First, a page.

Low in FODMAPs
Weight loss programs low in FODMAPs, or fermentable oligosaccharides, diosaccharides, monosaccharides, and polyols, can help ease symptoms in people with bowel diseases such as Crohn’s disease and irritable colon syndrome. Radishes can be eaten by people following a low FODMAP diet.

Allergic reactions
It is rare for a food allergy to radish to be reported in the medical literature, but it has happened. Signs can include hives, swelling around the mouth and throat, or even respiratory problems. If you suspect that you have a food allergy, speak to your doctor about diagnosis and treatment.

The Opposed Results
Radishes can be too spicy for some people. You can make them more palatable by cooking them rather than eating them raw. You can reduce digestive symptoms by increasing your fiber intake gradually if you are not used to eating a lot.

Radishes come in a wide range of sizes, colours and types. East Asia is a hotspot for Daikon and Korean radish. In American cuisine, radishes of both white and red European origin are often used. The nutritional value of all radishes is the same, but preparation can vary. Pickled radishes, for example, contain more sodium than modern variations. Horseradish, as it is called, refers to the familiar crimson-colored radish.

The leaves of the radish are also edible. Radishes belong to the mustard family and, like mustard leaves, their greens have a nutritious and appealing taste. The radish roots are eaten raw or cooked.

When It’s the Greatest
Radish season is at its peak in the spring. However, radishes can be found and purchased all year round. They’re also easy to grow in a home garden. Search for firm, clean, brightly colored roots that still have their leaves attached.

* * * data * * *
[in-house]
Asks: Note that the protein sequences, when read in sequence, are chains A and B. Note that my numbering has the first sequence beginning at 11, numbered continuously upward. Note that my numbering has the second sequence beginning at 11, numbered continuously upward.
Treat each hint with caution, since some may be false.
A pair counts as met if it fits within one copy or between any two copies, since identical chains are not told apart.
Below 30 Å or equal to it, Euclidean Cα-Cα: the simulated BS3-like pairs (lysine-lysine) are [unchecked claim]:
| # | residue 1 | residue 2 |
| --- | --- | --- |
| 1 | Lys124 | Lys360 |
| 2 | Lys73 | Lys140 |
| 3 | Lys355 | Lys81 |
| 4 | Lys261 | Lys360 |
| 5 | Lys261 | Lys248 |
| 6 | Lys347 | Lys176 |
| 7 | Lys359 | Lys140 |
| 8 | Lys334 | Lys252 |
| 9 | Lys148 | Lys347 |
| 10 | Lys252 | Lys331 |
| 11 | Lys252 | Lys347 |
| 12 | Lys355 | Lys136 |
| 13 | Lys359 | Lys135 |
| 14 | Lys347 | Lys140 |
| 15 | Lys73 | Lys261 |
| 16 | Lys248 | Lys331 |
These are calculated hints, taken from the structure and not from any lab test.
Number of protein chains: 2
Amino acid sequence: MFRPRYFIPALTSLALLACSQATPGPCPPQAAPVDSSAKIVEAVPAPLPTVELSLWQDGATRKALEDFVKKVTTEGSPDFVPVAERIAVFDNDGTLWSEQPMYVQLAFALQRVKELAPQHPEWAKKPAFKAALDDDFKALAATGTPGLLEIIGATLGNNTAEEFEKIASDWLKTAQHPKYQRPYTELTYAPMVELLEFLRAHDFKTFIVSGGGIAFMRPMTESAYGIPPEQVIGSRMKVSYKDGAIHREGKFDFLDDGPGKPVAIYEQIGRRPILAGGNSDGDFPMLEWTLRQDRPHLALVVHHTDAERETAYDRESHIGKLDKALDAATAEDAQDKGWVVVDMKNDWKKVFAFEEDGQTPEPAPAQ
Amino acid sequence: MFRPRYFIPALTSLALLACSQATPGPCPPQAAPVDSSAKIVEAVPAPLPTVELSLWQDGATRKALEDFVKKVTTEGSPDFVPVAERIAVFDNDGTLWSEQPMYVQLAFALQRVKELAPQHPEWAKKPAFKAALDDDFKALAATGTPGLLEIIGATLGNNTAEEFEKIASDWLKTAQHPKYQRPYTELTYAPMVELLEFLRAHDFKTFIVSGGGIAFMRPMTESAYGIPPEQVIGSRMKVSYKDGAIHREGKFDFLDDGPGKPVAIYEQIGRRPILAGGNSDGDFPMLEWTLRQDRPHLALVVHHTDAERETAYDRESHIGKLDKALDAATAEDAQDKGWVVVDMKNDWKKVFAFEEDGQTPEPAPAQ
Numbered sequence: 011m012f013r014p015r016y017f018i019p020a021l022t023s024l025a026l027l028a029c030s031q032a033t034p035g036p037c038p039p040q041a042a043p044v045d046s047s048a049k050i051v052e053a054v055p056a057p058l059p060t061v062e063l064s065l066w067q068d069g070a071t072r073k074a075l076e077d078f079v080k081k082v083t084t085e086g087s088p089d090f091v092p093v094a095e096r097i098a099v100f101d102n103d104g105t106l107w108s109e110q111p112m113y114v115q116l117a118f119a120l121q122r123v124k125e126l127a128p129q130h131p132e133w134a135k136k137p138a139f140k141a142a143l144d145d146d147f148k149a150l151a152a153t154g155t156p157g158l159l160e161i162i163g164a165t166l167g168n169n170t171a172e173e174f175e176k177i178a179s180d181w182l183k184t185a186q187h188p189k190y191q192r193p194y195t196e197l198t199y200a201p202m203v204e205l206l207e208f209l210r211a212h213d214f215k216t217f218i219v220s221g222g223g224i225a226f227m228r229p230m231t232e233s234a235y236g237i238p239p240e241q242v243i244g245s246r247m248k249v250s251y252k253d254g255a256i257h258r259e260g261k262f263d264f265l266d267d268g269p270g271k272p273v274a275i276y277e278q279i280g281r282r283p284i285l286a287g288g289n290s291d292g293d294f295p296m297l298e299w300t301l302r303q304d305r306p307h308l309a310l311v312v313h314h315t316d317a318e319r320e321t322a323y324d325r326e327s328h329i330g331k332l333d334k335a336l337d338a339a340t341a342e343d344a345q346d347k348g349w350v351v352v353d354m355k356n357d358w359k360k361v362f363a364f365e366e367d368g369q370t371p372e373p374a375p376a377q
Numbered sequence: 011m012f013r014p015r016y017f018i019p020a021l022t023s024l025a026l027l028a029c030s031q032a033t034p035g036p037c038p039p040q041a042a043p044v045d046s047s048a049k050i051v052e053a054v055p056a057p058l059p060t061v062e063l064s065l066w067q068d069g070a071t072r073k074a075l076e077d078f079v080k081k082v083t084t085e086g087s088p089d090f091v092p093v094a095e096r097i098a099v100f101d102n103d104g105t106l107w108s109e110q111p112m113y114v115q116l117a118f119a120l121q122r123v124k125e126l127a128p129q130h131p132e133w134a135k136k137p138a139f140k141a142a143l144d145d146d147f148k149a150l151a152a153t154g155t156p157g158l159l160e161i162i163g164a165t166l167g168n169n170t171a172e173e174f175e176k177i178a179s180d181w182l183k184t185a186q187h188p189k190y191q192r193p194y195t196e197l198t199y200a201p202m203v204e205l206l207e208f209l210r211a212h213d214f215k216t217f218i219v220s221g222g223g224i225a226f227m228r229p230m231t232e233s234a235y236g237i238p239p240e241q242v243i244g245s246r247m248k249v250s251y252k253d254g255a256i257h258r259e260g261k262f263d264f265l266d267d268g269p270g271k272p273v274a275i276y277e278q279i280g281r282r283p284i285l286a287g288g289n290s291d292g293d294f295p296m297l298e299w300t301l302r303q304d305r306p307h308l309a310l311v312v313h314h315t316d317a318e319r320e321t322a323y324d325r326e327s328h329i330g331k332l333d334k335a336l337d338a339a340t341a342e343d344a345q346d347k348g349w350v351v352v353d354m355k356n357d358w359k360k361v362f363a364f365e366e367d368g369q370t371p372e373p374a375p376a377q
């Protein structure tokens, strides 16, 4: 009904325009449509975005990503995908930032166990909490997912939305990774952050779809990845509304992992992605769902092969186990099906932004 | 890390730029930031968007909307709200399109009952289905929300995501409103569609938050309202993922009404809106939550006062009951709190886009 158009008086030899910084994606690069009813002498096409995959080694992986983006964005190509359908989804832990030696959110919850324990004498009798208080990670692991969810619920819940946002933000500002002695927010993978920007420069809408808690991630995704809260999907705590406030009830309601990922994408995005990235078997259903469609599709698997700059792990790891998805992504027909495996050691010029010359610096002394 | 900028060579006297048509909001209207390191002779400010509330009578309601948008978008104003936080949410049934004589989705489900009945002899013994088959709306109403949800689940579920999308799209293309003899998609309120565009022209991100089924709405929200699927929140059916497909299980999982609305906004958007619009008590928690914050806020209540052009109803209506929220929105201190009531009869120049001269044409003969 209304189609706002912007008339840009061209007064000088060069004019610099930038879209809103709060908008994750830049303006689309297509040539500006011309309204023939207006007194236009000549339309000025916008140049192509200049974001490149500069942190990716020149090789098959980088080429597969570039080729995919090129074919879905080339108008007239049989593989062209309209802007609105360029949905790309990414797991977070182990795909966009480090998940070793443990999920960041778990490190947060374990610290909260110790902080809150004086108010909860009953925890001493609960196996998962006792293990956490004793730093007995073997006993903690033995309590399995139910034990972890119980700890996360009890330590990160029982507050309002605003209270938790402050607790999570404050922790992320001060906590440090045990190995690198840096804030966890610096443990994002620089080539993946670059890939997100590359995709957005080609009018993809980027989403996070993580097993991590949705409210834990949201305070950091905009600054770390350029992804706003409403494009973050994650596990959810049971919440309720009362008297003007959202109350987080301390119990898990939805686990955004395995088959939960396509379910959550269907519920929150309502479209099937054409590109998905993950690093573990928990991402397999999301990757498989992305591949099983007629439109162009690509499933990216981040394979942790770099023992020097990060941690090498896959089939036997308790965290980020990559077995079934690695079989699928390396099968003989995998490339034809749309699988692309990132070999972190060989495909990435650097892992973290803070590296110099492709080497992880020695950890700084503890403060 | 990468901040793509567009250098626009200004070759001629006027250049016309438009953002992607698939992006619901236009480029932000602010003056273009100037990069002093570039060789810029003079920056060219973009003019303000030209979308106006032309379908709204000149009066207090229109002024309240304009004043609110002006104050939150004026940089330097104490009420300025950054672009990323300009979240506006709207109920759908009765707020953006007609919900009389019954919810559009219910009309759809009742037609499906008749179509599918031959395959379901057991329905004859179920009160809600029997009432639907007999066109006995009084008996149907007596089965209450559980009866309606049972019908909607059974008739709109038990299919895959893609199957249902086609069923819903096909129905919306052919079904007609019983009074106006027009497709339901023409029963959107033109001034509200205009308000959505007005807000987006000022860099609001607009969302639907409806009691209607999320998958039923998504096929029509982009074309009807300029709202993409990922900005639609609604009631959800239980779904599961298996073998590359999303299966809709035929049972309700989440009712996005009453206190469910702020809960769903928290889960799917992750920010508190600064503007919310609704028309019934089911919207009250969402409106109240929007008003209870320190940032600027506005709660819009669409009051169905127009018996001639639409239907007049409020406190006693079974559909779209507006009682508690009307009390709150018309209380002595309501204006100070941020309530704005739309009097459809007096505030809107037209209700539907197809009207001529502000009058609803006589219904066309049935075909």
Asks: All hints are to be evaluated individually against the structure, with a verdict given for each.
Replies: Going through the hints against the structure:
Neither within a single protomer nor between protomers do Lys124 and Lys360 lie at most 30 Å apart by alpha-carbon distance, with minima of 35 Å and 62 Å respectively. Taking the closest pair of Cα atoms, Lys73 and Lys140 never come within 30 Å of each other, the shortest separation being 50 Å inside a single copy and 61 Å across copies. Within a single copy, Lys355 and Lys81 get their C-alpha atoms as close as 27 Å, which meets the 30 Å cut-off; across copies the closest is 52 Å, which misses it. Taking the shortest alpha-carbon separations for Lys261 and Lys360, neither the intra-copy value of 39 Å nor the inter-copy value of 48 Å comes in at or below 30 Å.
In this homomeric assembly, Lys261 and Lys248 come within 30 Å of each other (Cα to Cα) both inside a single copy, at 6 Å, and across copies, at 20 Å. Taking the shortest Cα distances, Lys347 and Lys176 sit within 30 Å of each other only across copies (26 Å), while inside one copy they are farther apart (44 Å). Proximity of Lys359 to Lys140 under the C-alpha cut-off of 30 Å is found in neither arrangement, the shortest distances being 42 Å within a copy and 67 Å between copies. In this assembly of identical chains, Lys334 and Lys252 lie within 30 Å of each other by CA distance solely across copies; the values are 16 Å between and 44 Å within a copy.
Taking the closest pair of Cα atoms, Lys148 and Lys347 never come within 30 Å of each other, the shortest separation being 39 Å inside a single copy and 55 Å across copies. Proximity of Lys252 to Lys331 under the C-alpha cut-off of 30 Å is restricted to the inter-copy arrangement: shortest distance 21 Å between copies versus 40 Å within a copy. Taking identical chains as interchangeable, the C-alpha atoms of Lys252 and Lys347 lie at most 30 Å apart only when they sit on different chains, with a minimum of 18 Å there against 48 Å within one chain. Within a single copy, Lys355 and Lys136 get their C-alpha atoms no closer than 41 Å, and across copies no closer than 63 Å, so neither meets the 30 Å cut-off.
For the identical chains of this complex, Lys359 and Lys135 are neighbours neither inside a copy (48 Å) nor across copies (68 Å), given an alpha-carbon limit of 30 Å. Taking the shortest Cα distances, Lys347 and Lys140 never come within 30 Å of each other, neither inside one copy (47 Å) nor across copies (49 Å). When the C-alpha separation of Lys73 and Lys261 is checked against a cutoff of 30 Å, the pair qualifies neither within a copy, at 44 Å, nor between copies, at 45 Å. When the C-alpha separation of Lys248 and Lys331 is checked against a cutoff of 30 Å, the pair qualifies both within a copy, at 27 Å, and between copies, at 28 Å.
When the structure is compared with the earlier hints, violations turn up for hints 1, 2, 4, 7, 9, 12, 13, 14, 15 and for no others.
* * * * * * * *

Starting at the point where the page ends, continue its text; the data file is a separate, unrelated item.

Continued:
Storage and Meals Security
To store, separate greens from radishes. You can keep the greens in the fridge for several days and the radishes inside for many weeks. For freezing, cut and blanch the radishes first. Thawed radishes are best used in prepared dishes rather than salads and other recent preparations.

How to put together
Many people are used to eating a few uncooked slices of French radish in a salad or even uncooked. Try roasting, steaming or frying. Some of the peppery piece is lost when they are cooked. You can season them with a variety of herbs and spices.

Radishes are often used in salads as slices, but you can also make them the star. Cubed radish, cucumber, and a lemon-olive oil-salt and pepper dressing are tossed together. Let the salad marinate in the refrigerator for several hours before serving. Try radishes that have been cooked:

Roasted – Trim and halves radishes. Toss with olive oil, salt and roast for 45 minutes in a hot oven (400-450 degrees F).
Sauteed: If you like breakfast potatoes, or hash for that matter, try substituting quartered or halved radishes in place of the potatoes. Sauté them in oil, butter or bacon grease with seasonings.
Poached: Steam or boil halved, quartered radishes until they are tender.
For stews and soups, substitute radishes in place of potatoes, turnips or rutabaga.
Strive for Wholesome Radish Recipes
Salmon Salad with Dill, Radish and Celery
Vietnamese Vermicelli with Pork and Chile Sauce
Low-FODMAP Potato Salad
Fish Tacos with Spicy Sauce
Charred White Bean Breakfast Pizza